15 November 2018
The Land and Environment Court (Court) has recently rejected numerous appeals on the basis that the written requests to vary development standards did not meet the necessary requirements outlined in clause 4.6(3) of the Standard Instrument – Principal Local Environmental Plan (Standard Instrument). The Court has also highlighted the correct approach for consent authorities when dealing with a written request under clause 4.6 of the Standard Instrument.
These recent decisions show that the consequences of failing to address the prescribed elements of clause 4.6(3) of the Standard Instrument can be fatal to a development application and, consequently, quite costly for applicants.
This guide aims to assist applicants by outlining the correct approach to preparing a clause 4.6 written request (4.6 Request) to vary a development standard so that the consent authority is able to determine your application.
Clause 4.6 – a recap
As many would be aware, clause 4.6 of the Standard Instrument provides that:
(3) Development consent must not be granted for development that contravenes a development standard unless the consent authority has considered a written request from the applicant that seeks to justify the contravention of the development standard by demonstrating:
(4) Development consent must not be granted for development that contravenes a development standard unless:
As the Court has recently noted in Initial Action Pty Ltd v Woollahra Municipal Council  NSWLEC 118, the consent authority must first consider whether a 4.6 Request has adequately addressed the matters required to be addressed in clause 4.6(3) of the Standard Instrument. If the consent authority is not satisfied that these matters have not been adequately addressed, the consent authority simply does not have the power to grant consent. It is, therefore, essential that all 4.6 Requests clearly address each of the required elements of clause 4.6(3).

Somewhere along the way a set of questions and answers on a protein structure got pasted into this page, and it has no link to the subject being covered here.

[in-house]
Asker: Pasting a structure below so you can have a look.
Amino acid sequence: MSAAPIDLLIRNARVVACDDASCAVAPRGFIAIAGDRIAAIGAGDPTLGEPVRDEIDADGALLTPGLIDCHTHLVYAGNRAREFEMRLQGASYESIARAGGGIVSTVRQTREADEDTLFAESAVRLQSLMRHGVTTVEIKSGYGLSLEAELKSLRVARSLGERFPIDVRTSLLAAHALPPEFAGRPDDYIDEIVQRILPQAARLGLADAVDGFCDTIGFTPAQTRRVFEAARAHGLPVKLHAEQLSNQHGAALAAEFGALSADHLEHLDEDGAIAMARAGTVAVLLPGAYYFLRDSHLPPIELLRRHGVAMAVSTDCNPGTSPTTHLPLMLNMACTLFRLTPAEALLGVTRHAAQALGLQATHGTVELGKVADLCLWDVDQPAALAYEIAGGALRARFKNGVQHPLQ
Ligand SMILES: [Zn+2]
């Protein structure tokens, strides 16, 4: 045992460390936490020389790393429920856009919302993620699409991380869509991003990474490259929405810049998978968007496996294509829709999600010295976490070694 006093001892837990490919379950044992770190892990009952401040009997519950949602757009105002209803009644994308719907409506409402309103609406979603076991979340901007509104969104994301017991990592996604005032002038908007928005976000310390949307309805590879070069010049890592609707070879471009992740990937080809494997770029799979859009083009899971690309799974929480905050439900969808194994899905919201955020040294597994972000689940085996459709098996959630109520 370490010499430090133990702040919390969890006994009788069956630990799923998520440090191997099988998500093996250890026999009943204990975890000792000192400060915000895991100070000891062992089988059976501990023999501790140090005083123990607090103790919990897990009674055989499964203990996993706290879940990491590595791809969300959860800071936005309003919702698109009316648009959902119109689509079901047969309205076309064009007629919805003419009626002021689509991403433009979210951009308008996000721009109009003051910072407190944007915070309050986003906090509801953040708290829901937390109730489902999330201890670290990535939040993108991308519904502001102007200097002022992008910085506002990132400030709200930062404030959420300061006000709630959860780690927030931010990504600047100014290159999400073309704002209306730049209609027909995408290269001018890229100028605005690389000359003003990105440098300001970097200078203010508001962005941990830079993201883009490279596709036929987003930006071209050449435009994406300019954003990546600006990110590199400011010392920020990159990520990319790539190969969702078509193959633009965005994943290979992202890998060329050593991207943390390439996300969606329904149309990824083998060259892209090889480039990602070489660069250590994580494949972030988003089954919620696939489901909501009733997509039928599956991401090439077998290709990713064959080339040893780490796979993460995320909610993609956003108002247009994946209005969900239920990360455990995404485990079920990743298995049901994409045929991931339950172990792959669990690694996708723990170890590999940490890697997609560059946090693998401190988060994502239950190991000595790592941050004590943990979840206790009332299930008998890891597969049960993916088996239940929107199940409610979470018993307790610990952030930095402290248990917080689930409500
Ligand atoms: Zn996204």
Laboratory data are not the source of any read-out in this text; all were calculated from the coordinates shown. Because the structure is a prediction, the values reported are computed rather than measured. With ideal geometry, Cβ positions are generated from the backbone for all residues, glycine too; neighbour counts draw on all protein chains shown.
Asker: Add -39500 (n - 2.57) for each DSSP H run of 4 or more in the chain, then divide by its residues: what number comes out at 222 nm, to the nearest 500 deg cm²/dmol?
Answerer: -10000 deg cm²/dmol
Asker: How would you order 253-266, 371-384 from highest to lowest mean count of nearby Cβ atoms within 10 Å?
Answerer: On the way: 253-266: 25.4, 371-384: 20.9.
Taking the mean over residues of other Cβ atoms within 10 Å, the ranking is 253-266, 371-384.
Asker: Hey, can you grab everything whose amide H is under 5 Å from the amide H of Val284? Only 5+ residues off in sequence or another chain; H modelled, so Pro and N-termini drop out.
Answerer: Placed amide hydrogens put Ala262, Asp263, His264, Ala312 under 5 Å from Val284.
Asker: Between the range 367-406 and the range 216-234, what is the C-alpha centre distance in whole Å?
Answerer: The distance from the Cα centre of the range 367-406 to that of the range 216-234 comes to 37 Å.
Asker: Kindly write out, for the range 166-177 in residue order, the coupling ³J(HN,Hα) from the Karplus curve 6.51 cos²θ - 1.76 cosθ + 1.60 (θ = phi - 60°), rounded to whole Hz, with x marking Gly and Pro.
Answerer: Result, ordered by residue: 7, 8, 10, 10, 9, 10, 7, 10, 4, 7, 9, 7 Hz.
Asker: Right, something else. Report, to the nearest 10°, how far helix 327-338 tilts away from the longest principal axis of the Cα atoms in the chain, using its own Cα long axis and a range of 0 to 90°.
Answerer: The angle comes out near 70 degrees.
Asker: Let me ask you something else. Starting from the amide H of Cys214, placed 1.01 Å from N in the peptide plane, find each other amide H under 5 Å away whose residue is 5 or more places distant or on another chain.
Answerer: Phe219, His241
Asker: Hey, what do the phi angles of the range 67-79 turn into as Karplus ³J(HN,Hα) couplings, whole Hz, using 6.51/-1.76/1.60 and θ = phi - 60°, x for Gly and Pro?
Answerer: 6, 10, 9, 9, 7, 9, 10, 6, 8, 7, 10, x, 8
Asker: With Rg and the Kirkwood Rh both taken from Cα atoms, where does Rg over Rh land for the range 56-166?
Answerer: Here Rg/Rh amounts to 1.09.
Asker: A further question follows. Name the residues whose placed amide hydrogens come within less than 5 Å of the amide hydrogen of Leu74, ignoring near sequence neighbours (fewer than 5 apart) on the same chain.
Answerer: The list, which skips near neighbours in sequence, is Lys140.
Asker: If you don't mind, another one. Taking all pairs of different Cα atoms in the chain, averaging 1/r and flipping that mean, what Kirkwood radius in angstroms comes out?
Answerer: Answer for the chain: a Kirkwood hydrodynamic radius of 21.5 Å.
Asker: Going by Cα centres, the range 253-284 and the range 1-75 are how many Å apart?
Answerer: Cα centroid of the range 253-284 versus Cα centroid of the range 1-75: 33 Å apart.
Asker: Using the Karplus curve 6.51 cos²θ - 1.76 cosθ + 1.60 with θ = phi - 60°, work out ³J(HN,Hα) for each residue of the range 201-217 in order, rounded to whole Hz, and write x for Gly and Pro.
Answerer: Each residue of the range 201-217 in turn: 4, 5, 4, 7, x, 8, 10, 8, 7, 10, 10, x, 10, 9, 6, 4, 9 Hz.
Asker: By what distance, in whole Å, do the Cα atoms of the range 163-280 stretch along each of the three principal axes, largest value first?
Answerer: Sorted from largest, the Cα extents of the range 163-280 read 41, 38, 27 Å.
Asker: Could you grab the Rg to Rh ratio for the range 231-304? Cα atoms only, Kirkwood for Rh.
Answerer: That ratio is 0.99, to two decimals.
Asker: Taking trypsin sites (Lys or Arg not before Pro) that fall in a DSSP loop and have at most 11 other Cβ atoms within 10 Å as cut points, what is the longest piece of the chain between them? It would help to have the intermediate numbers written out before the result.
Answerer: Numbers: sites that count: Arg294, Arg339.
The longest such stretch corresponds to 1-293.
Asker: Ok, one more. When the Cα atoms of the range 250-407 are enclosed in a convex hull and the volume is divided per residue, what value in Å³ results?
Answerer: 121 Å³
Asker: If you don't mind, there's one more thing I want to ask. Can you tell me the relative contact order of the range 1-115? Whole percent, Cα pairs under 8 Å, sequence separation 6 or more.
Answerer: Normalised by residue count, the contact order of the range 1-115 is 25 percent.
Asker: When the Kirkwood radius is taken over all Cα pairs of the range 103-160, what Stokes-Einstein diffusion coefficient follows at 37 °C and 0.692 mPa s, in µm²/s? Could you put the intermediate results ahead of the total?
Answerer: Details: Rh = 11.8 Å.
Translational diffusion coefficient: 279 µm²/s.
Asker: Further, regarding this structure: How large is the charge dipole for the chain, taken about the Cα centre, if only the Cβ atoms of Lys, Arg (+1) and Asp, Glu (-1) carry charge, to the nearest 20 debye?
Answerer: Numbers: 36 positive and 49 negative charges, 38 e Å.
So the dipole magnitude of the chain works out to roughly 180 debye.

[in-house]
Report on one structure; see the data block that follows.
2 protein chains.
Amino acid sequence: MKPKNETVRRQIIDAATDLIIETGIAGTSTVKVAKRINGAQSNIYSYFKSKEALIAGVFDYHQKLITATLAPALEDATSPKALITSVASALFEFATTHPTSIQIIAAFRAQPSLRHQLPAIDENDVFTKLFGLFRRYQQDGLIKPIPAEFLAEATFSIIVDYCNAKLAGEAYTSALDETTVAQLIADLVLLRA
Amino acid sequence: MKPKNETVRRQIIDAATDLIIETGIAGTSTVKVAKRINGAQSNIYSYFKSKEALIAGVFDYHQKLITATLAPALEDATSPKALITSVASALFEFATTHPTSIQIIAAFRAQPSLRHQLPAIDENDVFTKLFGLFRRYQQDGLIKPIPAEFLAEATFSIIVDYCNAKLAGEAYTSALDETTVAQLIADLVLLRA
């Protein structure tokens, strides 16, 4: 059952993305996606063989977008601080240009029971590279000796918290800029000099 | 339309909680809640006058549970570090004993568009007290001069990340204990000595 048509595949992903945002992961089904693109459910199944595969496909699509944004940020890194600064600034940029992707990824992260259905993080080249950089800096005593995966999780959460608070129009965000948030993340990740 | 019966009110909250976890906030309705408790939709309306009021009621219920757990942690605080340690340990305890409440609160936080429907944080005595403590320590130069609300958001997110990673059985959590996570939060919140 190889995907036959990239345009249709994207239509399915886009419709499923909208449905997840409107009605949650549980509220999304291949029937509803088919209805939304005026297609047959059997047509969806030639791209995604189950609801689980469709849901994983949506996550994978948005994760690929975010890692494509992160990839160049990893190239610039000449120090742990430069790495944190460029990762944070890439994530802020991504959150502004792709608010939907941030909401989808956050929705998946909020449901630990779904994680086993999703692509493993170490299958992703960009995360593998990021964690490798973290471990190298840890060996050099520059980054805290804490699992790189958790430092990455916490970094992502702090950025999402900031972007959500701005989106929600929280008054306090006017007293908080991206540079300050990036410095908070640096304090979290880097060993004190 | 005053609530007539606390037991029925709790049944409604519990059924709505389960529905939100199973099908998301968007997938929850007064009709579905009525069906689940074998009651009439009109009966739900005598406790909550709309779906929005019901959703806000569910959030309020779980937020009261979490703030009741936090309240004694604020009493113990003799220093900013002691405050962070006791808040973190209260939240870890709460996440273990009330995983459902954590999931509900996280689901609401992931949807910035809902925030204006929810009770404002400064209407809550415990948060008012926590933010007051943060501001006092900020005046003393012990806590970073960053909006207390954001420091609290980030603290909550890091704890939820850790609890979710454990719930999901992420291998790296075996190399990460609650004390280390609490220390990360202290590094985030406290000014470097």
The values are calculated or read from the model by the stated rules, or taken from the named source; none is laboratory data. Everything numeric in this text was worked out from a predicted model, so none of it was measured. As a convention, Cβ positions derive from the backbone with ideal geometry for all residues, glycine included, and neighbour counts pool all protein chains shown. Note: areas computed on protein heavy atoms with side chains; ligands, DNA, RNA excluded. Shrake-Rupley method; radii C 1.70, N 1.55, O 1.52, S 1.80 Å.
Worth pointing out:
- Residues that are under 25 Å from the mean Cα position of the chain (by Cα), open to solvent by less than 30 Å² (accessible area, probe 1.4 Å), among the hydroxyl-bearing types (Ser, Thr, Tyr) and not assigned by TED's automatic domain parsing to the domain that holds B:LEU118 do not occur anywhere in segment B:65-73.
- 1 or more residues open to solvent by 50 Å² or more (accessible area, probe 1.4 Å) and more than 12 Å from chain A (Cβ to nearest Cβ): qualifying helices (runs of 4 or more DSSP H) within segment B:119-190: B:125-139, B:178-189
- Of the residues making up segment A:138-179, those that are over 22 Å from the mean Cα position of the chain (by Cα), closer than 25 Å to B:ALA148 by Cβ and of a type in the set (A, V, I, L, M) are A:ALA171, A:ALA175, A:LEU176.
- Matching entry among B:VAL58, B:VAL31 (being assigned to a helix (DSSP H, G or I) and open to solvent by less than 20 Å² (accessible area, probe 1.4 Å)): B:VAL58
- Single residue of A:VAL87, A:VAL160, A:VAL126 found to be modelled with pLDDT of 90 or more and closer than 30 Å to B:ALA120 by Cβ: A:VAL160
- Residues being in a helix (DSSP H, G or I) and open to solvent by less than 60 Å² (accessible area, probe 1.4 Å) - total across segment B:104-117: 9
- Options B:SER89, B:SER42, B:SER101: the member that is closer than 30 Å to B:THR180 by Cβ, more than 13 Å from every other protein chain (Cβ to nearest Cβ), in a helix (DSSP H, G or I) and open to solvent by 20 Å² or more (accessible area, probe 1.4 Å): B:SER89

How should a 4.6 Request be structured?
Fortunately, Senior Commissioner Dixon has provided applicants with clear guidance regarding how a 4.6 Request should be structured.
In Brigham, the Senior Commissioner emphasised that a 4.6 Request should have the following features:
What should a 4.6 Request contain?
Many 4.6 Requests fall down because they do not contain the necessary information required under clause 4.6(3) of the Standard Instrument. It is, therefore, essential to review your 4.6 Request to ensure that it contains the following information:
The overall goal
When preparing a 4.6 Request, it is critical to remember that the onus is on the applicant to demonstrate that the matters in clause 4.6(3)(a) and (b) have been adequately addressed. This is because the 4.6 Request must enable the consent authority (or the Court on appeal), to satisfy themselves that the 4.6 Request is adequate. If they cannot do this, they simply do not have the authority to grant consent to the proposed development.
With this role in mind, it is highly recommended that any applicant strictly and expressly address those matters specified in clause 4.6(3) (as summarised above) and also, where possible, address why the development is in the public interest. This will go a long way to assisting a decision maker to satisfy themselves of that there are sufficient grounds to justify contravening the standard.
Given the strict manner in which the Court is interpreting these requirements, it is highly advisable that an applicant seek legal advice prior to submitting a 4.6 Request to vary a development standard.
 Initial Action Pty Ltd v Woollahra Municipal Council  NSWLEC 118.
 Brigham v Canterbury–Bankstown Council  NSWLEC 1406.
 Wehbe v Pittwater Council  NSWLEC 827 (Wehbe) at  – .
 Four2Five Pty Ltd v Ashfield Council  NSWCA 248 at .
 Four2Five Pty Ltd v Ashfield Council  NSWLEC 90 at .
 Initial Action Pty Ltd v Woollahra Municipal Council  NSWLEC 118 at .
Breellen Warry, Partner
T: +61 2 8083 0420
Peter Holt, Special Counsel
T: +61 2 8083 0421
The information in this publication is of a general nature and is not intended to address the circumstances of any particular individual or entity. Although we endeavour to provide accurate and timely information, we do not guarantee that the information in this newsletter is accurate at the date it is received or that it will continue to be accurate in the future.